Sunday, 18 November 2012

Richard III dig: Leicester archaeologists to reconstruct the face of Greyfriars skeleton


Archaeologists working to identify the Greyfriars remains are reconstructing the 500-year-old skeleton's face to give people a possible glimpse of King Richard III.

Scientists at the University of Leicester are using techniques similar to those which recreated Tutankhamen's face more than 3,000 years after the young Pharaoh died.

The Leicester skeleton, found at a council car park in August, has already been subjected to a CT scan which will allow a specialist team to build a 3D digital picture of the face.

They hope to reveal the results in the new year.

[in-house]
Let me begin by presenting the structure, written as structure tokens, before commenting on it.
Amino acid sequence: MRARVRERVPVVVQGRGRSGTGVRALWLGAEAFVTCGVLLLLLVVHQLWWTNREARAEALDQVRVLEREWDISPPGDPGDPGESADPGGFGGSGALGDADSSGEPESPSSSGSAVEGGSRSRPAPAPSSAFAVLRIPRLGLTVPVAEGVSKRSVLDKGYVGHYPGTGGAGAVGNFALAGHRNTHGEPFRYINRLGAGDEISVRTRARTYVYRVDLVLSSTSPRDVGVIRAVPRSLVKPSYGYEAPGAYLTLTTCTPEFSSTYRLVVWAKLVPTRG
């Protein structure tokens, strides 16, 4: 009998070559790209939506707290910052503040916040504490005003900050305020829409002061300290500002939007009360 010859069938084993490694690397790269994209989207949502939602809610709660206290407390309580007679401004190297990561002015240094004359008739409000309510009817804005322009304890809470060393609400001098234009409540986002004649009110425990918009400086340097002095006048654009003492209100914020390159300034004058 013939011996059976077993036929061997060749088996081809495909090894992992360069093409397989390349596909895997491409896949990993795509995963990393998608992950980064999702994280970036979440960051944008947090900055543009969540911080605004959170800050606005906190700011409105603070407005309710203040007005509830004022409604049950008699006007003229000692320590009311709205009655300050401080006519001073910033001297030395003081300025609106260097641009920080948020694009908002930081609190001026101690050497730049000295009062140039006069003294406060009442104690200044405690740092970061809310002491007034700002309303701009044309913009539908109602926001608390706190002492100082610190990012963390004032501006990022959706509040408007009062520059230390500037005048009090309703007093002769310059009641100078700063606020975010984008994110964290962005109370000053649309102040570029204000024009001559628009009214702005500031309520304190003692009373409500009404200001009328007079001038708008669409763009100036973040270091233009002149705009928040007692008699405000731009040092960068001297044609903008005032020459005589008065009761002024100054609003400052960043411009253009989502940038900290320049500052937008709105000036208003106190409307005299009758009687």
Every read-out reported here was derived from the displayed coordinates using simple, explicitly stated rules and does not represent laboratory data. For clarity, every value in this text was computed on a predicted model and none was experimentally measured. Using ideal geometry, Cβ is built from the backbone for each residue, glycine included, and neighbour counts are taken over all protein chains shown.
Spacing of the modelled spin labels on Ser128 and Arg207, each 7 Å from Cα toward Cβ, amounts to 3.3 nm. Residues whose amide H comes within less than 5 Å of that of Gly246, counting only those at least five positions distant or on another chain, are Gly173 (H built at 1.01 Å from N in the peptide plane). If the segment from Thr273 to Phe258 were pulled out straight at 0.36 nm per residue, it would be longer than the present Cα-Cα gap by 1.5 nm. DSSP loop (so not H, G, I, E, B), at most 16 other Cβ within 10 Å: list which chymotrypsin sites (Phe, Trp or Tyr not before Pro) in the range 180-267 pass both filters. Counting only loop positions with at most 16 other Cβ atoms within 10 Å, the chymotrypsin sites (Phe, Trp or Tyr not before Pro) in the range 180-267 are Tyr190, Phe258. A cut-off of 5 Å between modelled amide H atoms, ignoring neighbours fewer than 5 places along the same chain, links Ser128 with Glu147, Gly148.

Professor Lin Foxhall, head of archaeology at the university, said: "We've provided 3D scans of all the bones, including the skull, to a specialist team, which will build up a picture of how he used to look.
"It will be very interesting, because of course there are portraits of him and if the images come back and they're similar it's another piece of evidence which will strengthen the identification process."

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